This week saw the arrival of my hard copy of The Baron’s War. The book looks fantastic and the format and design is aesthetically well-done, and the layout is easy to follow. In the next installment, I’ll provide a more detailed review of the rules and start using them to organize my initial retinue (500 points). So stay tuned. In the meantime, I’d like to do a quick tutorial. I planned on doing a couple painting/hobby-focused posts, specifically doing metallics and free-hand shields. This week, I’m going to go through my metallics painting process and, particularly, chainmail.
I used to teach a painting class at AdeptiCon called Liber Metallica. It was a seminar on painting “true” metallics (as opposed to non-metallic metals) and I really enjoyed talking about ways to create different effects on various metal tones. One technique involved the use of washes to age/weather iron and steel metallic tones. It’s this method I use here, with my Medieval models.
The first step, always, is to determine what you’d like your armor to look like. Personally, I am a fan of weathered, dirty armor. Nothing stays clean long and any length of time on campaign will see armor start to show the effects of battle and life in the field. I generally do some Google searching to try and find examples. In this case, I take a cinematic view. While the plate armor of Excalibur isn’t appropriate for this period, the general idea is the same. I want this sort of dulled, weathered iron and steel.
I prime most of my models black, using an airbrush. On this black base, I paint the chainmail with three shades of iron-tone metallics, one base coat and then two highlights. I use a combination of a few different brands (photo above), including Reaper and Scale 75.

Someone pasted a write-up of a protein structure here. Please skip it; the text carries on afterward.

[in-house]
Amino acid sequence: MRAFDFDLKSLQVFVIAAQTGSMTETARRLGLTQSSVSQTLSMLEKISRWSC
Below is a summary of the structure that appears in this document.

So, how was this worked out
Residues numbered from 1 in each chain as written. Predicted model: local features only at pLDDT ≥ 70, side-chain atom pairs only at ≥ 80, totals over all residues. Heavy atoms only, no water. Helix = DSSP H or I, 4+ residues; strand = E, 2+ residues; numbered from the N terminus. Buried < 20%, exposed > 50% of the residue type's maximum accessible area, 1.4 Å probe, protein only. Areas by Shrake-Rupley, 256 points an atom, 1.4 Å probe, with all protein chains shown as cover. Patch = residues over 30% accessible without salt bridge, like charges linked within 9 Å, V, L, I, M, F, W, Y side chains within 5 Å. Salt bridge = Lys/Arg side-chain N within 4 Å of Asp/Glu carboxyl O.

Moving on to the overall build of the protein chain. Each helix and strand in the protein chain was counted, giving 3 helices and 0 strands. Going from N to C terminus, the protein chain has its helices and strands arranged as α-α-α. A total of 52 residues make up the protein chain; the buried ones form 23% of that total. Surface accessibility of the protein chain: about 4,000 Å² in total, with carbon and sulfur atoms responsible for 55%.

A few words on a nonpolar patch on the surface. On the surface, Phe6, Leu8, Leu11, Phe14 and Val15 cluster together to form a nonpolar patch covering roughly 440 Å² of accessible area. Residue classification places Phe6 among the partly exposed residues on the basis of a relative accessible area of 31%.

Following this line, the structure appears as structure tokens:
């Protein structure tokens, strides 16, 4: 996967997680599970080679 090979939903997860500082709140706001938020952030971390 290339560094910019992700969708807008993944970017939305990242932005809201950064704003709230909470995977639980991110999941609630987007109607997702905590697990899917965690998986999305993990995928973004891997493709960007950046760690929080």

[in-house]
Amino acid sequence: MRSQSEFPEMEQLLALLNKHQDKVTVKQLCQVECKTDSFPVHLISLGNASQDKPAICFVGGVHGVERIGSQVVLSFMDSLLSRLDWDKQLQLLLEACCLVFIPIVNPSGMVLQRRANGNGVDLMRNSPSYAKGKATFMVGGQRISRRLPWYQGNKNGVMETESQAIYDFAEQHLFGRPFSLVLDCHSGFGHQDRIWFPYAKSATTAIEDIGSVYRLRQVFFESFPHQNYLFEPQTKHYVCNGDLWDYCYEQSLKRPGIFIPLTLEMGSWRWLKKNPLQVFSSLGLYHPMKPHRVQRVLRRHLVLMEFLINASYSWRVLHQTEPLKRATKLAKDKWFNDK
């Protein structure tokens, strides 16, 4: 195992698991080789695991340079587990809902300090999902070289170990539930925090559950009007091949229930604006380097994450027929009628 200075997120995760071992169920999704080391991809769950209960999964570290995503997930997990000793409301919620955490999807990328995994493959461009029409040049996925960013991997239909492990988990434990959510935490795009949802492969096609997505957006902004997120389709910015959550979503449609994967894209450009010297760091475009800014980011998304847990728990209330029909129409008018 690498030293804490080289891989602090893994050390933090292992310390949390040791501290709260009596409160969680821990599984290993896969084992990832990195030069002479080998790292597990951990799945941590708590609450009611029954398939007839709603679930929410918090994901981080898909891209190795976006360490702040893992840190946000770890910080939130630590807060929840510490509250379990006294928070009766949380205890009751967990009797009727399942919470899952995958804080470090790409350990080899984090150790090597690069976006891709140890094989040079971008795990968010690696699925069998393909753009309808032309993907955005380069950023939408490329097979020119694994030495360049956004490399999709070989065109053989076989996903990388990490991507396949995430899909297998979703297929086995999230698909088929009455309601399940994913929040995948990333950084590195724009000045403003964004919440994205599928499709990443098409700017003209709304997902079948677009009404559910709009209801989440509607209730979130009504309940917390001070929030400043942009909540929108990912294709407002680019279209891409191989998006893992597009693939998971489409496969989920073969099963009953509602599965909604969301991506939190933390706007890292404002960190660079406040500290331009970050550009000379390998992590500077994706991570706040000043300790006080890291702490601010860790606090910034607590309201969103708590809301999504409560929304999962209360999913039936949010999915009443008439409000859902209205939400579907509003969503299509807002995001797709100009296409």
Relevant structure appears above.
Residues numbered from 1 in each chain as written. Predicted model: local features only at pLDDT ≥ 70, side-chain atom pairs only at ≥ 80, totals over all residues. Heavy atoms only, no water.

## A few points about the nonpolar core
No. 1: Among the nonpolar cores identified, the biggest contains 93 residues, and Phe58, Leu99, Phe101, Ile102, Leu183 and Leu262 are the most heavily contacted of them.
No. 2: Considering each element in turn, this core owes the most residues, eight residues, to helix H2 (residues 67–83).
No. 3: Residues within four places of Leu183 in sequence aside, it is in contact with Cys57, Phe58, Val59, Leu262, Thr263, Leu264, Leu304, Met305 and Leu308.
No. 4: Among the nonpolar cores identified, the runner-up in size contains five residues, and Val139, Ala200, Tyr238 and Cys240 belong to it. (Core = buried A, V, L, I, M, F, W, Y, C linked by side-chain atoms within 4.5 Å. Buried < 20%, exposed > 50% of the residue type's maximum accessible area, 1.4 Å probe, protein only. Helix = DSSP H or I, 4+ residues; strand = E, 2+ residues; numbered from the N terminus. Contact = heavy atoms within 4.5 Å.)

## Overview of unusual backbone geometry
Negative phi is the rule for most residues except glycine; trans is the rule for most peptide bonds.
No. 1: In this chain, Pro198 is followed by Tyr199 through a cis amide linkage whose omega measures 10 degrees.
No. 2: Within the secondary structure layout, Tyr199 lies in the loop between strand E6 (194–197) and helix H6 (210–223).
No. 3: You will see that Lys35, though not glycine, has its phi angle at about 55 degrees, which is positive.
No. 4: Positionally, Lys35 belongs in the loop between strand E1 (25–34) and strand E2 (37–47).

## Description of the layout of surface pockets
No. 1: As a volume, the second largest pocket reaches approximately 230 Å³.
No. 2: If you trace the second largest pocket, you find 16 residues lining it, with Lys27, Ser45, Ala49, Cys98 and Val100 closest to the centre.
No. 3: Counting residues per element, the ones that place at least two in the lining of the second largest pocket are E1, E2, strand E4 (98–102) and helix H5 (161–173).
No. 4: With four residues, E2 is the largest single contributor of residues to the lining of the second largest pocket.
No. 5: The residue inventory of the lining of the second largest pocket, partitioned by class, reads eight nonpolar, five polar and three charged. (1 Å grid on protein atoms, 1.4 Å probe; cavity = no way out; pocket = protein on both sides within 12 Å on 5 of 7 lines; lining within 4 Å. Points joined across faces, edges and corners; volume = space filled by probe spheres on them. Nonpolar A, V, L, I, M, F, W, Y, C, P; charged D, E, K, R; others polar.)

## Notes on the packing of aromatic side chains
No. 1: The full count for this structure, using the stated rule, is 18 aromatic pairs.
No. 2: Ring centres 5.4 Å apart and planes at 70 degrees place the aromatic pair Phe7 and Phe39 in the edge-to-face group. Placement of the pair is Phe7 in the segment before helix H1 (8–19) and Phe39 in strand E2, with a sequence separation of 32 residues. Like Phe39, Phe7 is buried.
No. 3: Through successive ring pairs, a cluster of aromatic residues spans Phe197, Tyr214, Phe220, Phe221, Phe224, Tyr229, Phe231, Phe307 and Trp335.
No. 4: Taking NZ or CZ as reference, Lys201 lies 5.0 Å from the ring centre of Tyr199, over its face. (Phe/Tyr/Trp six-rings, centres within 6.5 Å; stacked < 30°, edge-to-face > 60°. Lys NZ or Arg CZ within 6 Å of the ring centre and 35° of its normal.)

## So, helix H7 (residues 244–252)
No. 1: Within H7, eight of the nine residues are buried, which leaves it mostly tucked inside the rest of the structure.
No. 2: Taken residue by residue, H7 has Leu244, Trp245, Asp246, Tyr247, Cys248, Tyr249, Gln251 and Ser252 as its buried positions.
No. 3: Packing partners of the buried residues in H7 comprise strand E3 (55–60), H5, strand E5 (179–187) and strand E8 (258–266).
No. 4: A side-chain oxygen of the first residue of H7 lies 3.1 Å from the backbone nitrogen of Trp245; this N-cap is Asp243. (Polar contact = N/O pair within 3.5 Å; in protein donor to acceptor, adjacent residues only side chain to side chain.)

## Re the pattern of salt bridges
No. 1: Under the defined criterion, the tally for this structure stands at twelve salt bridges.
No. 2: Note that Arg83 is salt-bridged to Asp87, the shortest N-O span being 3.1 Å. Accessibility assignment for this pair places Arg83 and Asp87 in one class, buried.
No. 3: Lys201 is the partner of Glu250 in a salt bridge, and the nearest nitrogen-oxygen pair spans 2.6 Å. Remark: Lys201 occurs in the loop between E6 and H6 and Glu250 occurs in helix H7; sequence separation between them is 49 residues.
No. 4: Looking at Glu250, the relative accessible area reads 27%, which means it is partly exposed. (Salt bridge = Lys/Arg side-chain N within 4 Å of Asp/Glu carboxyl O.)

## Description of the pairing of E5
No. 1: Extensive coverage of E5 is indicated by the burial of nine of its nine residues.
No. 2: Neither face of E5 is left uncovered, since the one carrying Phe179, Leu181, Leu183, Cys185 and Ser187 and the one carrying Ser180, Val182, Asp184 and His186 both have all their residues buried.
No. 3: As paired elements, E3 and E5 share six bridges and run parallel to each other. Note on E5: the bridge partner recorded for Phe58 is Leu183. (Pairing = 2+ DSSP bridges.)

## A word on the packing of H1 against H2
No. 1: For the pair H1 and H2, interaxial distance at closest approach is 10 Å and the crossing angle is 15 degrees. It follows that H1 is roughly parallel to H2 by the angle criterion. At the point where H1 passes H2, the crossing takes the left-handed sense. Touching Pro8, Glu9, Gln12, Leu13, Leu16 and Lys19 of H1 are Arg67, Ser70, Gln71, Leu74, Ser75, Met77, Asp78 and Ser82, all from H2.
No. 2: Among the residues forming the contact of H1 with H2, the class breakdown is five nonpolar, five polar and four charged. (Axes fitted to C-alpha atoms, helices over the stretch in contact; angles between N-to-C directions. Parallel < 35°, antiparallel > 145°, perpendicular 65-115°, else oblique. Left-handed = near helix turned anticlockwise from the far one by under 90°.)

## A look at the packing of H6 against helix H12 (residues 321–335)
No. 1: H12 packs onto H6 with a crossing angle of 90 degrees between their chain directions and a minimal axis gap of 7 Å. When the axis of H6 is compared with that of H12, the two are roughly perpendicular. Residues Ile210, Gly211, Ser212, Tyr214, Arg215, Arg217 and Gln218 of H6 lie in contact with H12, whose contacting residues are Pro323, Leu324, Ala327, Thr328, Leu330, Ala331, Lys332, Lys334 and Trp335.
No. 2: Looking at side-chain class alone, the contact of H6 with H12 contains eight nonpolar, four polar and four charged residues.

I now have my metallic foundation. It looks a little bright, but the next steps will tone this down dramatically. It is always easier to work “down” from a brighter tone. The next steps are the washes. A few points: keep your washes thin. It’s easier to build interesting tones with three to four thin washes than with one thick wash. My typical wash is about the consistency of skim milk. It is usually two parts paint, one-part water, and just a small dap of white/PVA glue. The white glue will do two things, help “hold” the wash in the recesses, where you want it to settle. It also helps mute/flatten the metallic base coat. Finally, make sure you let each layer of wash dry completely, otherwise you’ll pull off your previous washes. Repeat your washes until you’re happy with the result. Remember, you can use any color in your wash to create interesting tints.
Finally, I always dull coat my models. This will flatten the metallics even more and give your model a consistent finish. Occasionally, I will go back after the matte coat is dry and hit the metallic areas with a thinned down gloss or semi-gloss coat, especially if the armor is “cleaner.” This gives it a slight sheen, so it’ll pop.
Next Update. As I mentioned, I’m just delving into the newly arrived rulebook and hope to provide a thorough review, along with a preliminary army list. My friend and opponent, Jamie Welling (hope to feature some of his knights soon), and I have agreed to a 500 point starting retinue target, so we’ll be looking at around 15-20 models to begin with. Until then…